Adjustable straps make a backpack more comfortable even if you don’t need them first. The ability to hang trekking poles on the side or store them inside will save you time and energy.
A pack with a front elastic pouch lets you store items like a jacket or rainfly without occupying valuable space. All such extra features may come in handy to you.
6. Backpack Frame & Build Quality
The safety of your items is important, so you have to look for structurally sound backpacks. Three key variations of backpacks are available: frameless backpacks, internal-frame backpacks, and external-frame backpacks.
- The frameless ones are the lightest kind and are very flexible. But, they are not the sturdiest. Frameless backpacks are suitable for day hikes with lightweight gear.
- The internal-frame backpacks have a semi-rigid structure supported by frame sheets and rods. Despite being higher in weight, these distribute the weight much better by targeting the bigger muscle groups for support.
- The external-frame ones are the heavy-lifters. They are suitable for humongous loads and come with carrying capacity.
You must make sure to keep check of the weight of the stuff you are carrying since these are made to be carrying loads and loads of things while keeping them safe. The durability and capacity of backpacks often go hand in hand, so the versatile choices often make more sense than going for anything extreme.
7. Extra Features Worth Having
Some backpacks feature pockets and compartments in the pack’s belt portion, making it easy to access extra layers while hiking. Of course, the number of external pockets will vary depending on how much organization you need.
Backpacks holding a hydration bladder are convenient if you want to drink while walking.
It’s important to choose a pack that meets all of your needs without charging you for over-the-top features you won’t ever use.
Now that you know the basics, here’s a list of the best backpacks I curated personally:
Tips for Choosing Backpacks for Specific Situations
1. What to look for in a long-distance or thru-hiking backpack?
When shopping for a long-distance trekking backpack, think about the terrain you’ll be walking on. You should also consider the duration of each sprint.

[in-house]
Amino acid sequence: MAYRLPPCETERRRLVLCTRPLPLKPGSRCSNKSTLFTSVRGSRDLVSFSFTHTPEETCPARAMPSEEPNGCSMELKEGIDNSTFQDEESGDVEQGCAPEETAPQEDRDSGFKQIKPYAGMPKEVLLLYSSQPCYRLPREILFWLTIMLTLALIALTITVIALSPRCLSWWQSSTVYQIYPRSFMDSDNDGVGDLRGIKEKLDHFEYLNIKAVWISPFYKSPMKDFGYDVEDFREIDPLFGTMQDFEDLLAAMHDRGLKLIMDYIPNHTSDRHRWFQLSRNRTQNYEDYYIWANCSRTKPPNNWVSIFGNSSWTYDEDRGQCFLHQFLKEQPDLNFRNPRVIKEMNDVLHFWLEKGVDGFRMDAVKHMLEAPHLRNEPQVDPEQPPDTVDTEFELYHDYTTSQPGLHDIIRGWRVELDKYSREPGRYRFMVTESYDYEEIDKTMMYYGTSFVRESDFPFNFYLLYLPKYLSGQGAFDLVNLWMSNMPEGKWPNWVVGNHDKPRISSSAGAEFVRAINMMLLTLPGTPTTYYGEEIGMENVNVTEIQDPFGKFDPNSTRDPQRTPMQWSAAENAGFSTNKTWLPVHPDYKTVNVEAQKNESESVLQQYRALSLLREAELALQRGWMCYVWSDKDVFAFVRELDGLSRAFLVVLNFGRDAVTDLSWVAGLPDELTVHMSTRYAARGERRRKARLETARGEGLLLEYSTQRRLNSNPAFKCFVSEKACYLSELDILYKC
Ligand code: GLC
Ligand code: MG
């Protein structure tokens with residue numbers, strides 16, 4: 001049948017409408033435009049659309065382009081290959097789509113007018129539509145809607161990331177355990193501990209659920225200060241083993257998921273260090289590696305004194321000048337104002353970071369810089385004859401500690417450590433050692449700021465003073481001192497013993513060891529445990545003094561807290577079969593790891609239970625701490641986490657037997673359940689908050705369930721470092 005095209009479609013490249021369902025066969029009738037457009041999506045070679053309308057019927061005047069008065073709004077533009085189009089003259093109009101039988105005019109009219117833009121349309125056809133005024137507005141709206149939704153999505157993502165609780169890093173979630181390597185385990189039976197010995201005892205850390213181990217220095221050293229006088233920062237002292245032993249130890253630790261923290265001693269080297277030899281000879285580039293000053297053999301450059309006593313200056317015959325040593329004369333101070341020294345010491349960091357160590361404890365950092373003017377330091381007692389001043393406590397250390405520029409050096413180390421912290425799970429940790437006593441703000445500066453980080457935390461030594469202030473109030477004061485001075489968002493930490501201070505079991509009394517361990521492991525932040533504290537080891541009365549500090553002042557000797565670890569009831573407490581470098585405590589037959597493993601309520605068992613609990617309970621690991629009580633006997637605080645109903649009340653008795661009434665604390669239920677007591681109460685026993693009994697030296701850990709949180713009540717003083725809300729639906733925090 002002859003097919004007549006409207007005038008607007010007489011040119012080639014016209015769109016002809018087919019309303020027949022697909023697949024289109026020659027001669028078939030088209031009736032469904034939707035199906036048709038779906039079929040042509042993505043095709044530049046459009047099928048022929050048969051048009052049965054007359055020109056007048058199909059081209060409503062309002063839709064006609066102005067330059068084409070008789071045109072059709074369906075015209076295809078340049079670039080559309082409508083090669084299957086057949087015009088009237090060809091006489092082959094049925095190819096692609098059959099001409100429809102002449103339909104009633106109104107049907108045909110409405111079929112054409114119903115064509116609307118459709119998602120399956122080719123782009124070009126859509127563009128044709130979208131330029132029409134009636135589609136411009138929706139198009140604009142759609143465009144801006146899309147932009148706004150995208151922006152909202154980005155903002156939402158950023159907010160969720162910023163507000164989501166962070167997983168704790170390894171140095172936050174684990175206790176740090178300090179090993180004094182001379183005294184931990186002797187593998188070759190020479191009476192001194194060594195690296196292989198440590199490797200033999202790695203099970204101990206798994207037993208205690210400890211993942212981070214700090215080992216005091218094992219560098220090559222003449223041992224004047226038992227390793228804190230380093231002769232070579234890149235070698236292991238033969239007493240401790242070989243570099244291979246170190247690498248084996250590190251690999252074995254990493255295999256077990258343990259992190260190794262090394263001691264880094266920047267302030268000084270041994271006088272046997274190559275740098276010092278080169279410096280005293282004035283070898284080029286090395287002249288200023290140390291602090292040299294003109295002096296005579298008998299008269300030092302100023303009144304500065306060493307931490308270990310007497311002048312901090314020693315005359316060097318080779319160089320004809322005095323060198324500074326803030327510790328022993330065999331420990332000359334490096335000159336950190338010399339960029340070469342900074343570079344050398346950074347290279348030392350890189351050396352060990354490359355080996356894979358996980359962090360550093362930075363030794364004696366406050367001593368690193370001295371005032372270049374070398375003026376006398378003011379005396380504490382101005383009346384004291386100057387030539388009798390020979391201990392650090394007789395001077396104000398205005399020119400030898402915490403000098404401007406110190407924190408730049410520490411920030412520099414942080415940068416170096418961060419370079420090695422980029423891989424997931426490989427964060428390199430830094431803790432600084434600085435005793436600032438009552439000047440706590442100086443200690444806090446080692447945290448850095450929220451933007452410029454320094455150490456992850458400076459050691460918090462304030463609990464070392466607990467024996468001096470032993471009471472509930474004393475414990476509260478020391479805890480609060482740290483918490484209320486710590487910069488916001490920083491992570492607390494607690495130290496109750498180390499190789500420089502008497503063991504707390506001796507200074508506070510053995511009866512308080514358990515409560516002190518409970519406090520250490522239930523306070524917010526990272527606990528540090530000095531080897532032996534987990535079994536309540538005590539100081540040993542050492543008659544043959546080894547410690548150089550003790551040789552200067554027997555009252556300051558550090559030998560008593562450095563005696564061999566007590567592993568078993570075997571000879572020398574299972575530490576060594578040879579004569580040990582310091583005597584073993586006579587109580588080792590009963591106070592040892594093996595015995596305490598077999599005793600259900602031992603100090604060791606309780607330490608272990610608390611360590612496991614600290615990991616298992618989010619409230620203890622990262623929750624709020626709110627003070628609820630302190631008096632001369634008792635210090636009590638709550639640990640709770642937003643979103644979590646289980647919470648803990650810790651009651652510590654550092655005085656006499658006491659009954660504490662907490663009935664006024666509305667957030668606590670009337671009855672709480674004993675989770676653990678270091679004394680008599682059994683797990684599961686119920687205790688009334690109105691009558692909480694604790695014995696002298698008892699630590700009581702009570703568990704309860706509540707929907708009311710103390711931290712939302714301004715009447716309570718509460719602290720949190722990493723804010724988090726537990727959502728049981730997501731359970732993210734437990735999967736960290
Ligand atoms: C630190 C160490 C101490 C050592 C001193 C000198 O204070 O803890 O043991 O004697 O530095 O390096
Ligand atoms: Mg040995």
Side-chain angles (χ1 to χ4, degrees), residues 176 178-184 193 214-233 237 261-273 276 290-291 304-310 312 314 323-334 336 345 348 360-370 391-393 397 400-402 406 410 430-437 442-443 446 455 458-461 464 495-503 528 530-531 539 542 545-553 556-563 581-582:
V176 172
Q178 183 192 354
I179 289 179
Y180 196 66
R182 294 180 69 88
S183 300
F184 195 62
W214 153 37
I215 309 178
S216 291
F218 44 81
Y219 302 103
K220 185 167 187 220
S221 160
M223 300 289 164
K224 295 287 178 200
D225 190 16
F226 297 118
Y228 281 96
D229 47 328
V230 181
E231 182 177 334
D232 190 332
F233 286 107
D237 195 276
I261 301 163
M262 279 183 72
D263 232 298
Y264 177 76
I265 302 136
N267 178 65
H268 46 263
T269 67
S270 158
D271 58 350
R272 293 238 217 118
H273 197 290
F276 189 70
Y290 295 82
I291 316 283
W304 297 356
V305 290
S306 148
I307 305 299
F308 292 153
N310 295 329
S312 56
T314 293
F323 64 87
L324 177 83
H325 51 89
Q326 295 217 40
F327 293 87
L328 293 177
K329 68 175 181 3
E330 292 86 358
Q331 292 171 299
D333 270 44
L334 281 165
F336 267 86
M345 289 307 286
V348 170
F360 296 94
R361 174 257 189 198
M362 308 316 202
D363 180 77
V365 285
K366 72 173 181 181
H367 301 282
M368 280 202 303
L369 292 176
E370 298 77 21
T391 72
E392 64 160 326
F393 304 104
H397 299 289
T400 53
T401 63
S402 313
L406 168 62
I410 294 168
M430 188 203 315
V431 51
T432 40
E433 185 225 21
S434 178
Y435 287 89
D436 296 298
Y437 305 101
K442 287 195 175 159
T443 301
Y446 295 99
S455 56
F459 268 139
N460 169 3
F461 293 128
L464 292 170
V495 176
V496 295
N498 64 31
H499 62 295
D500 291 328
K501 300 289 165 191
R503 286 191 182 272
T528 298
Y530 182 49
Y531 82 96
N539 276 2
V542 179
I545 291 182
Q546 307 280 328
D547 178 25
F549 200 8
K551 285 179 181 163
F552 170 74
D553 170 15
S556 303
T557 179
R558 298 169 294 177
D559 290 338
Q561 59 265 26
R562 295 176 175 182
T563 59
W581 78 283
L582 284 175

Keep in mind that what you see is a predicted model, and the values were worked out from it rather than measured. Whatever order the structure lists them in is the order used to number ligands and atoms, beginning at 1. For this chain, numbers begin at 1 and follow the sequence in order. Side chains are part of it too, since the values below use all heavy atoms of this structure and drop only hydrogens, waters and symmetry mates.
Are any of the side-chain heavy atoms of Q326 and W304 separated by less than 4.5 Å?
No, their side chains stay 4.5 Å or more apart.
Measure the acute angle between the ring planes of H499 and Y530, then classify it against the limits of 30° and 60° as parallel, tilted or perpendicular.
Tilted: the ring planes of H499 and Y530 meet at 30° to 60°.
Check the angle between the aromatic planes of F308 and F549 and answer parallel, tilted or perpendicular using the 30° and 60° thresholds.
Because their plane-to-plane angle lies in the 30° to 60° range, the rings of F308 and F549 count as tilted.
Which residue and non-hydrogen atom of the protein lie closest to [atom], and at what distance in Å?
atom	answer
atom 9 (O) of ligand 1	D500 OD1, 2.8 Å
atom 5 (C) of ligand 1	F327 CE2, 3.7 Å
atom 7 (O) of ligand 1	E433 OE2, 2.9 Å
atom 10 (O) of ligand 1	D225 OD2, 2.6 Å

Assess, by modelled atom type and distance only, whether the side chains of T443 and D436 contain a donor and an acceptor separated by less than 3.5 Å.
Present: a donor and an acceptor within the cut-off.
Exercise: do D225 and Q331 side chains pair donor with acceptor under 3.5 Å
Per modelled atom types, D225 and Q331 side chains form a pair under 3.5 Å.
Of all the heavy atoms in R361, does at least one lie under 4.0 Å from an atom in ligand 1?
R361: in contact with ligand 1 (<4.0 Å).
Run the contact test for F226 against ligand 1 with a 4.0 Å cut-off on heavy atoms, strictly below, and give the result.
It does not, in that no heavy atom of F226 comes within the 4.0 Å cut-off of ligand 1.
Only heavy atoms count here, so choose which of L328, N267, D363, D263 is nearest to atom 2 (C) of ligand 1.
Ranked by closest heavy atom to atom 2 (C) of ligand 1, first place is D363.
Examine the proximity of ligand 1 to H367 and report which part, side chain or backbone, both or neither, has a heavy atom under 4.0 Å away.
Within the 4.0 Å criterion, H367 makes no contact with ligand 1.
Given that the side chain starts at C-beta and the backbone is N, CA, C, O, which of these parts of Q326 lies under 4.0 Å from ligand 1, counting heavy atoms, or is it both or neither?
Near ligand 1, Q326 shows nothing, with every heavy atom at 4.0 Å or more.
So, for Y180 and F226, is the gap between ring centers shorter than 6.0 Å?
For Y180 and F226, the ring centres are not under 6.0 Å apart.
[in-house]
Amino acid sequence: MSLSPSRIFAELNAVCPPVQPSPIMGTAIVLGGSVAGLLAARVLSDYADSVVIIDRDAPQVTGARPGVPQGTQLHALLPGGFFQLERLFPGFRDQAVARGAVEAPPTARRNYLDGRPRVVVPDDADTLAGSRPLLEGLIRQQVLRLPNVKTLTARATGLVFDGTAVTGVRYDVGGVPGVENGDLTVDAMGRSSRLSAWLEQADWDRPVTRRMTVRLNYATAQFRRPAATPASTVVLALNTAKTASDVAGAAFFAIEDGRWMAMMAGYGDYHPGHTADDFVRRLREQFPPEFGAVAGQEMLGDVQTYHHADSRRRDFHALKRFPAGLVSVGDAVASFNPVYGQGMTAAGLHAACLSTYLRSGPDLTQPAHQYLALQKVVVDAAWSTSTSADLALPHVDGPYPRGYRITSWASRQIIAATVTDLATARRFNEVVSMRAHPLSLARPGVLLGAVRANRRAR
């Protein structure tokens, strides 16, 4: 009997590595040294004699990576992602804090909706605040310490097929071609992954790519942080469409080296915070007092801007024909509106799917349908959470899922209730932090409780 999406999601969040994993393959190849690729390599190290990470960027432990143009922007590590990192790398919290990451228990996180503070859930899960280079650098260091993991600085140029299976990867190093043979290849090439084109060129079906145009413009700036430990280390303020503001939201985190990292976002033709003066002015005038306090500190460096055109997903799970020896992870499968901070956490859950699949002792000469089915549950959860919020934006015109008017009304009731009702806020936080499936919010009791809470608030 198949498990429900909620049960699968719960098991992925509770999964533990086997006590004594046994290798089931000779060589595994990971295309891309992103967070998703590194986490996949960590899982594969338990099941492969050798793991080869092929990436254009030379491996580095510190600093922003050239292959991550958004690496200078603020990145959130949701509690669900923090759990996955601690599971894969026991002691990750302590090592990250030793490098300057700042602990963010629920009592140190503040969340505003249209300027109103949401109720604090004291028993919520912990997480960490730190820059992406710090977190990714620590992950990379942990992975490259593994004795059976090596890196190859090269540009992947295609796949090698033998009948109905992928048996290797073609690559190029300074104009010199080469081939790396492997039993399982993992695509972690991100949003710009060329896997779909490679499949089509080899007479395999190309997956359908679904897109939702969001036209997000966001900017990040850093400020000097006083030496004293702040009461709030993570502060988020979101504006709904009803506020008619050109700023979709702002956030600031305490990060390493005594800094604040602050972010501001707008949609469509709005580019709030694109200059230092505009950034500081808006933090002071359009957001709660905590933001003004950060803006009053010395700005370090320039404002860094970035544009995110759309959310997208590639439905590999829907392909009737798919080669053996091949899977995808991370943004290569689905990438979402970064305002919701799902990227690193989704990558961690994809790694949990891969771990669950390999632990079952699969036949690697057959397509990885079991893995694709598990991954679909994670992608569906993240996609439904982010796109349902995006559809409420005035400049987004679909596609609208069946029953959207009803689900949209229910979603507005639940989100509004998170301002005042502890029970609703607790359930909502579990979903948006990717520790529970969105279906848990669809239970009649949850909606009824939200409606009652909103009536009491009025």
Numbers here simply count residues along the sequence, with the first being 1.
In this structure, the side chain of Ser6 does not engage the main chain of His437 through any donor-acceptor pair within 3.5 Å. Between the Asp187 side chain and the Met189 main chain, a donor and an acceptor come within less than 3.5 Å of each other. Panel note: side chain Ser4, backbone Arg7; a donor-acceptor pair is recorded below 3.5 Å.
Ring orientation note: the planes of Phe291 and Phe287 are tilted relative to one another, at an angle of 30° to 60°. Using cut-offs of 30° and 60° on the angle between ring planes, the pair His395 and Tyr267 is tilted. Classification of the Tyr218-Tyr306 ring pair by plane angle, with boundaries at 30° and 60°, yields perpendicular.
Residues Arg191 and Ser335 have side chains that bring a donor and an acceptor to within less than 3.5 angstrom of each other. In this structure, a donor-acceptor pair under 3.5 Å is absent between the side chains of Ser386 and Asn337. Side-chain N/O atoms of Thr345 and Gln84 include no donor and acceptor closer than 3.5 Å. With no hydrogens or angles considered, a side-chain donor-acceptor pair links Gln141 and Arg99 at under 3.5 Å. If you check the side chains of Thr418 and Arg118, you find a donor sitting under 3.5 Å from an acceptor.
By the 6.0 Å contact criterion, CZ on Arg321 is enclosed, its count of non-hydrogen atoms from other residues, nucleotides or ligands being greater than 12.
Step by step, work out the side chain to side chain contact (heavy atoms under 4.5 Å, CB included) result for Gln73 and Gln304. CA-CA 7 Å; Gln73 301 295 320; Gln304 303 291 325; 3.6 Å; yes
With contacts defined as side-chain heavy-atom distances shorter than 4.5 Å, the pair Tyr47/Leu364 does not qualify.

Is it going to be a strenuous, all-day trek up a mountain? Or is it going to be an easy walk through the forest?
If you’re doing a lot of walking, you’ll want something lightweight and easy to carry around. Also, consider the climate conditions where you’ll be hiking. If it’s hot and humid, you’ll need a backpack made of breathable material.
So, consider these tips when choosing the best backpack, whether you’re a beginner hiker or an experienced outdoorsman.
Speaking of long and strenuous hikes, here’s how to prepare food for multi-day hikes.
2. What type of backpacks are ideal for camping?
If you’re a beginner camper, I recommend going for a backpack that’s not too big or too small. A mid-range backpack will offer more than enough room without increasing your load. Choose a backpack made from durable materials, like waterproof fabric and ballistic nylon.
3. What type of backpacks are ideal for climbing?
Choose a small, lightweight backpack for climbing so you can carry your climbing equipment and other essentials to various start points. It’s pertinent to choose one with comfortable straps that fit the shape of your back.
4. Can a large backpack make walking or climbing mountains difficult?
A large backpack is not the best option for hiking and trekking purposes. Adding unnecessary weight can hinder your efficiency, leading to back pain in the long run. Instead, smaller backpacks with decent capacity and durability are the way to go.
5. How to test if your backpack is comfortable or not?
For a backpack to be comfortable, it must have adjustable straps or straps which fit the shape of your back. Also, it must be lightweight and easy for you to carry around. Backpacks designed with comfort in mind always provide you with a superior experience.
Of course, your part will require some trial and error since you can’t solely rely on external research. You’ll have to look for a backpack that suits your body type based on Internet information and personal experience.
You’ll only be certain after trying a few packs.